Singing the old marching song, “Pack Up Your Troubles in Your Old Kit-Bag, and Smile, Smile, Smile” might seem apropos as you prepare for your move across town or to another province. However, the melody may start to go sour once you realize that you’ll need much more than a kit-bag. You may need a more dramatic solution.
Here’s a short primer on leaving dust, dirt, grime and slime behind. There will be special challenges for sure, particularly when it comes to cleaning up outside your home– from patio areas to storage sheds and everything in between. So, allow us to make it easier.
The great outdoors– including your back yard– is the source, after all, of that dust and dirt that mysteriously creeps into your current home. If you want to keep it from traveling with you to your new home, roll up your sleeves, don some rubber gloves and get ready to tackle some extra grime.
Some items you’ll simply need to wipe– like patio and lawn furniture. You’ll need to hose down items that won’t rust– like plastic garbage cans. You may have other things that are damp from rain or snow, so you’ll need to dry those prior to the move. It’s all pretty straightforward and not too of surprises, we hope. Now, don’t get freaked out, but the dirt and grime may include bugs and slugs and larger living things.
Don’t go squirrely
We included “squirrel” in the title of this blog not just because we’re easily distracted. We’re talking about potential unwanted stowaways of the creepy-crawly and otherwise living kind that you’re quite likely to encounter as you clean up your backyard.
Critters may may be a source of welcome fascination if you’re visiting a zoo or museum with your family– but not so much if you discover you’ve been living and breeding practically under your noses for who knows how long. And perhaps it’s your nose has led you to that surfeit of skunks. Yes, that’s what a group of skunks is called.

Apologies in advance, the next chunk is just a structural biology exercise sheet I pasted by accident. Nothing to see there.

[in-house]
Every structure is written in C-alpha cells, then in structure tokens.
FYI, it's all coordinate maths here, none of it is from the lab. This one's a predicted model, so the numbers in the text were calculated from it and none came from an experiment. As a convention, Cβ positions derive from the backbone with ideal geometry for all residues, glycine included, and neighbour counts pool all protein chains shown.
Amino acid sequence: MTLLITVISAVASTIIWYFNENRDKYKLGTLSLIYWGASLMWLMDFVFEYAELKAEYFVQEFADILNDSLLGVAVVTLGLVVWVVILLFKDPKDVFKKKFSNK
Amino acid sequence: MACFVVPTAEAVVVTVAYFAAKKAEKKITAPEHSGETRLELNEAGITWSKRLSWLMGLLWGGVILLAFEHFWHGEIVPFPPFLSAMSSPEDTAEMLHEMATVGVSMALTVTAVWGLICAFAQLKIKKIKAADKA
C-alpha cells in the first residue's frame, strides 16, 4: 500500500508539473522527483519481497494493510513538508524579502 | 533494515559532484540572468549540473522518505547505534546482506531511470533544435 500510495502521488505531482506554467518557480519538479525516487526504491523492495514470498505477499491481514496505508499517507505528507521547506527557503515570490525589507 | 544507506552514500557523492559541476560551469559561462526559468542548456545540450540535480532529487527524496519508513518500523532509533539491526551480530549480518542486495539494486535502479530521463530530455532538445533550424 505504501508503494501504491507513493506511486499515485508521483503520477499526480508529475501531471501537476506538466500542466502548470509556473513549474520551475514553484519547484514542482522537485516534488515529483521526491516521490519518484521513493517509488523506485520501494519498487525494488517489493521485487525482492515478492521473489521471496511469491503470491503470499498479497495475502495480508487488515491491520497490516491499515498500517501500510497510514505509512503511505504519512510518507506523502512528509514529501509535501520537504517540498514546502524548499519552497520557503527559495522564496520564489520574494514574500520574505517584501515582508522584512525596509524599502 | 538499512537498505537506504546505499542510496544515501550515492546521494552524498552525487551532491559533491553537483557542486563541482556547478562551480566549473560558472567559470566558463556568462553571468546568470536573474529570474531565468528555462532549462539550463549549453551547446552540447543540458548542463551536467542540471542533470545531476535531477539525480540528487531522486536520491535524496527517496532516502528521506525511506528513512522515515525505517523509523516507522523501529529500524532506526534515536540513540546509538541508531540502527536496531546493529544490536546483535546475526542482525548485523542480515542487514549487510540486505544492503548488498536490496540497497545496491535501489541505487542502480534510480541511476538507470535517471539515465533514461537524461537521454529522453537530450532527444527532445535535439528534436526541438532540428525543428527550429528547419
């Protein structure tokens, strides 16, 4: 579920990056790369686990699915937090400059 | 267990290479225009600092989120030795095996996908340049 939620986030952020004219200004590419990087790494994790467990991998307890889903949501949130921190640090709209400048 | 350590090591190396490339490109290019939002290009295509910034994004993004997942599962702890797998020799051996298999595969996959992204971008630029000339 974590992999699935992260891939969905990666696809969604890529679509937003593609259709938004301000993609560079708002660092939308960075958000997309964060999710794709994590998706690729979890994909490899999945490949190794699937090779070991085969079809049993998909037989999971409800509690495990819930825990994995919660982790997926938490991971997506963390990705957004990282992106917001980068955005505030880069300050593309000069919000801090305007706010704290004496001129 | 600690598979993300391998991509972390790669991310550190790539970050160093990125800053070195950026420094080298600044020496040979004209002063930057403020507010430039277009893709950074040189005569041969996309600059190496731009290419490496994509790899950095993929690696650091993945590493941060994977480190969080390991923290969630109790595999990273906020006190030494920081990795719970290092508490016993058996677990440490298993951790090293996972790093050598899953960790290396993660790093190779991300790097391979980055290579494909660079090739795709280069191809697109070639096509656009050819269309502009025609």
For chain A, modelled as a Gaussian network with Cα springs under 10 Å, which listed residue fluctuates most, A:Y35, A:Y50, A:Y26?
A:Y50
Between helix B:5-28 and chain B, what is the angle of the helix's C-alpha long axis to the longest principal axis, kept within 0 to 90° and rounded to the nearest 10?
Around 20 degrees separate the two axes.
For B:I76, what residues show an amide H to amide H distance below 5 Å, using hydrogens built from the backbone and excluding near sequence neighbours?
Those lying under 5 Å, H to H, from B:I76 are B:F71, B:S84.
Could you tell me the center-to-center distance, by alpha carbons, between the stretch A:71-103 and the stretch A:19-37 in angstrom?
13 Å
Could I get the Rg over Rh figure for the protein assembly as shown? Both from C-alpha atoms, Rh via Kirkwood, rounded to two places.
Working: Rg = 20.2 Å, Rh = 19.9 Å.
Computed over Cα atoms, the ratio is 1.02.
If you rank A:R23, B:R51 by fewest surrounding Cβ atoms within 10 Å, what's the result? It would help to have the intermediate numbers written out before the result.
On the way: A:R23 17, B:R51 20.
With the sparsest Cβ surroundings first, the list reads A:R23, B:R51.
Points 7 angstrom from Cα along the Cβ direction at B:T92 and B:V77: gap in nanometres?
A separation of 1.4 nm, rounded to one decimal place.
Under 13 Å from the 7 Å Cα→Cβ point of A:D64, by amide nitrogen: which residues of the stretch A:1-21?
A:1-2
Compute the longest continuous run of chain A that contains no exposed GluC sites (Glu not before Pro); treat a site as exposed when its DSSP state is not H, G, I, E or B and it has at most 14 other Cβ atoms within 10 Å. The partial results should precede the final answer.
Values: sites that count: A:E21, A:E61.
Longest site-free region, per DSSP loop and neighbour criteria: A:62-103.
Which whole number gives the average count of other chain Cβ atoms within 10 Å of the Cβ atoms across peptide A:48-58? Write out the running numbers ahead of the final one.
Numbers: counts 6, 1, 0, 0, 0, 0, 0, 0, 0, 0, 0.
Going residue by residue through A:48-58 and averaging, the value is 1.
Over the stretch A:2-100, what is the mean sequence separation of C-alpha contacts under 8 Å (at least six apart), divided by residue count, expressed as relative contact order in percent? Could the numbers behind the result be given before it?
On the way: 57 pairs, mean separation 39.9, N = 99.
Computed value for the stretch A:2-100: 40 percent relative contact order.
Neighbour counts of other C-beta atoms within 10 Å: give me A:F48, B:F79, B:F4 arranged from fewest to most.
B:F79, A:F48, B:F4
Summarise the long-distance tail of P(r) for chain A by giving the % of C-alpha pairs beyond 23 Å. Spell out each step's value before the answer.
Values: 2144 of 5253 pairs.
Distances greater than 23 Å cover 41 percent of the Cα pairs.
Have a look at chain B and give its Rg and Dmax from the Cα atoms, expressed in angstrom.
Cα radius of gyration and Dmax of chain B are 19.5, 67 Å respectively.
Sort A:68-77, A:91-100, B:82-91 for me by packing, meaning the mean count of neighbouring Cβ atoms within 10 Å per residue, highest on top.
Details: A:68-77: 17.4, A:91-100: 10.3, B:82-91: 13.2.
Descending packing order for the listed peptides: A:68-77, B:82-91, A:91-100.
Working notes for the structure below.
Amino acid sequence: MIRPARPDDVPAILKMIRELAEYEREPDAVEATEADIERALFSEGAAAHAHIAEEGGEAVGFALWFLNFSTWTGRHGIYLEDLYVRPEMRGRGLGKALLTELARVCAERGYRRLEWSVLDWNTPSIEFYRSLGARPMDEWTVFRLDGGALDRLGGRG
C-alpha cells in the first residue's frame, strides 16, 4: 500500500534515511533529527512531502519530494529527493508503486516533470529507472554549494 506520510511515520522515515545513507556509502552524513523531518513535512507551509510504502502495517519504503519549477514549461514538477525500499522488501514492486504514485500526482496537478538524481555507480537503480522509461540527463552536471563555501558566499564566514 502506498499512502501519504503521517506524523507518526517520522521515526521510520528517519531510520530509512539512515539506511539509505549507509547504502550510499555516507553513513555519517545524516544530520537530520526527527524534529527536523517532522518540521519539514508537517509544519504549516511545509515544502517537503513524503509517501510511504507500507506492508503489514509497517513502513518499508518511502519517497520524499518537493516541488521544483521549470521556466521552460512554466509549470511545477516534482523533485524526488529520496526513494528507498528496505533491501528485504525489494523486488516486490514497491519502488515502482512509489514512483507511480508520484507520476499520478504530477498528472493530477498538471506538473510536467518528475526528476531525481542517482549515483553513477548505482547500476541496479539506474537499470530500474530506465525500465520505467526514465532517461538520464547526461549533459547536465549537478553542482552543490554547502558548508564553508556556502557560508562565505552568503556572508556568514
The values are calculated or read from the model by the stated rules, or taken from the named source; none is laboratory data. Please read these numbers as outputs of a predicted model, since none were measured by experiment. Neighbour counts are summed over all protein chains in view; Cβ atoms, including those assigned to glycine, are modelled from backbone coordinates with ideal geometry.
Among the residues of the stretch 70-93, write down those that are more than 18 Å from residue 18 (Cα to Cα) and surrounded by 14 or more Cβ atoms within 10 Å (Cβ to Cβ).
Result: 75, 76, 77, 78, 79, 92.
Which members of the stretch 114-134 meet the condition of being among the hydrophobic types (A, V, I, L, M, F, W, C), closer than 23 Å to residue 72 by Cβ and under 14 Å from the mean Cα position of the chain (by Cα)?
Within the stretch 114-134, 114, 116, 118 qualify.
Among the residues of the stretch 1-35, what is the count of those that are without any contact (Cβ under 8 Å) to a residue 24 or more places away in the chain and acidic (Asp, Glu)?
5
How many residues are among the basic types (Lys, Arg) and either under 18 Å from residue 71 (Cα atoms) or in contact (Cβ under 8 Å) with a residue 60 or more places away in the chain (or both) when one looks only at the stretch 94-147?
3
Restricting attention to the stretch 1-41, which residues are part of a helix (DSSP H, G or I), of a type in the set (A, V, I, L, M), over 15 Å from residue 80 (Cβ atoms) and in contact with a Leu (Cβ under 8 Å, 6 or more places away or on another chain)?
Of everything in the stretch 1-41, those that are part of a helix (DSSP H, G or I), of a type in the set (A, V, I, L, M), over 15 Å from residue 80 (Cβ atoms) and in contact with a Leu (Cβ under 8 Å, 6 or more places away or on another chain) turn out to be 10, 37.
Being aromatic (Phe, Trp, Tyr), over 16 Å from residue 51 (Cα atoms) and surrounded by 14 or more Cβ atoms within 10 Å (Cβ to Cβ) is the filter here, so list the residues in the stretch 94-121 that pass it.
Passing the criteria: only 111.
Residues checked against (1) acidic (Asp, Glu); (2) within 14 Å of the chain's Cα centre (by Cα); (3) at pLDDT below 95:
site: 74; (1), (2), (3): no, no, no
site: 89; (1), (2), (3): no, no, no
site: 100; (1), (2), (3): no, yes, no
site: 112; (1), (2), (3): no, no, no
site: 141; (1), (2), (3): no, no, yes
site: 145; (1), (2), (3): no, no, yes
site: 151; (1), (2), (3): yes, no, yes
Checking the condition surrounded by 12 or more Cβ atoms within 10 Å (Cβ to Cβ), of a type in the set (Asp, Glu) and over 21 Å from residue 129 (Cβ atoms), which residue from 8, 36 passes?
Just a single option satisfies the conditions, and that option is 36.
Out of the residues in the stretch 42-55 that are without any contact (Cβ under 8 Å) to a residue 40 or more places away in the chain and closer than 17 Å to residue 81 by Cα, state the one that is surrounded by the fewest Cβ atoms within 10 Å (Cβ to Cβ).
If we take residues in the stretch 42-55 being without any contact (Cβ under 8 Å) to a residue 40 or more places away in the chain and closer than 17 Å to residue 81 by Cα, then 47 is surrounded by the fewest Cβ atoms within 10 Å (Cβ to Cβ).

Since you’ll likely get up-close-and-personal with some of those critters in the midst of your backyard packing and cleaning adventure, we thought it appropriate to review the proper terms to describe groups of animals common to our geographical area.
Be prepared for a possible encounter with a colony of ants, termites or rats, for example. If you want to a few extra synonyms for “colony” of rats to impress your friends, or the rats themselves, you can refer to them as a horde, mischief, or swarm. We personally like the word “mischief,” something rats were born to produce.
Here are a few more common animals and the words used to describe groups of them:
- Squirrels: dray, colony
- Weasels: sneak, gang, pack
- Bears: sleuth (but one’s enough, thanks)
- Bees: swarm, bike, cast, cluster, drift, erst, game, grist, hive, rabble, stand
If you are overly-stressed from the move and perhaps not seeing things as they really are, you may make the mistake (albeit not too common) of confusing a blessing of unicorns with a simple nursery of racoons– hopefully not in the nursery. (It just struck us that we never exspected to be writing about unicorns in a moving blog. But life and blogs sometime take fantastic turns.)
Before you start seeing unicorns, call Kary Movers. We have a fleet of trucks (yes, a fleet, not a hive or pack) that can accommodate your move. For larger moves, we can put a guarantee in writing that the price we quote is the price you’ll pay. And we’ll put our paw print on it.
Have a moving question or two for us at Kary Movers? We’d love to hear from you. Call us at 1-877-687-1746 or email us at email@example.com. You can also get an online quote from us. We look forward to getting you into your new home and creating some great memories– dirt-free, pest-free and unicorn-free. Unless you really want to keep that blessing of unicorns.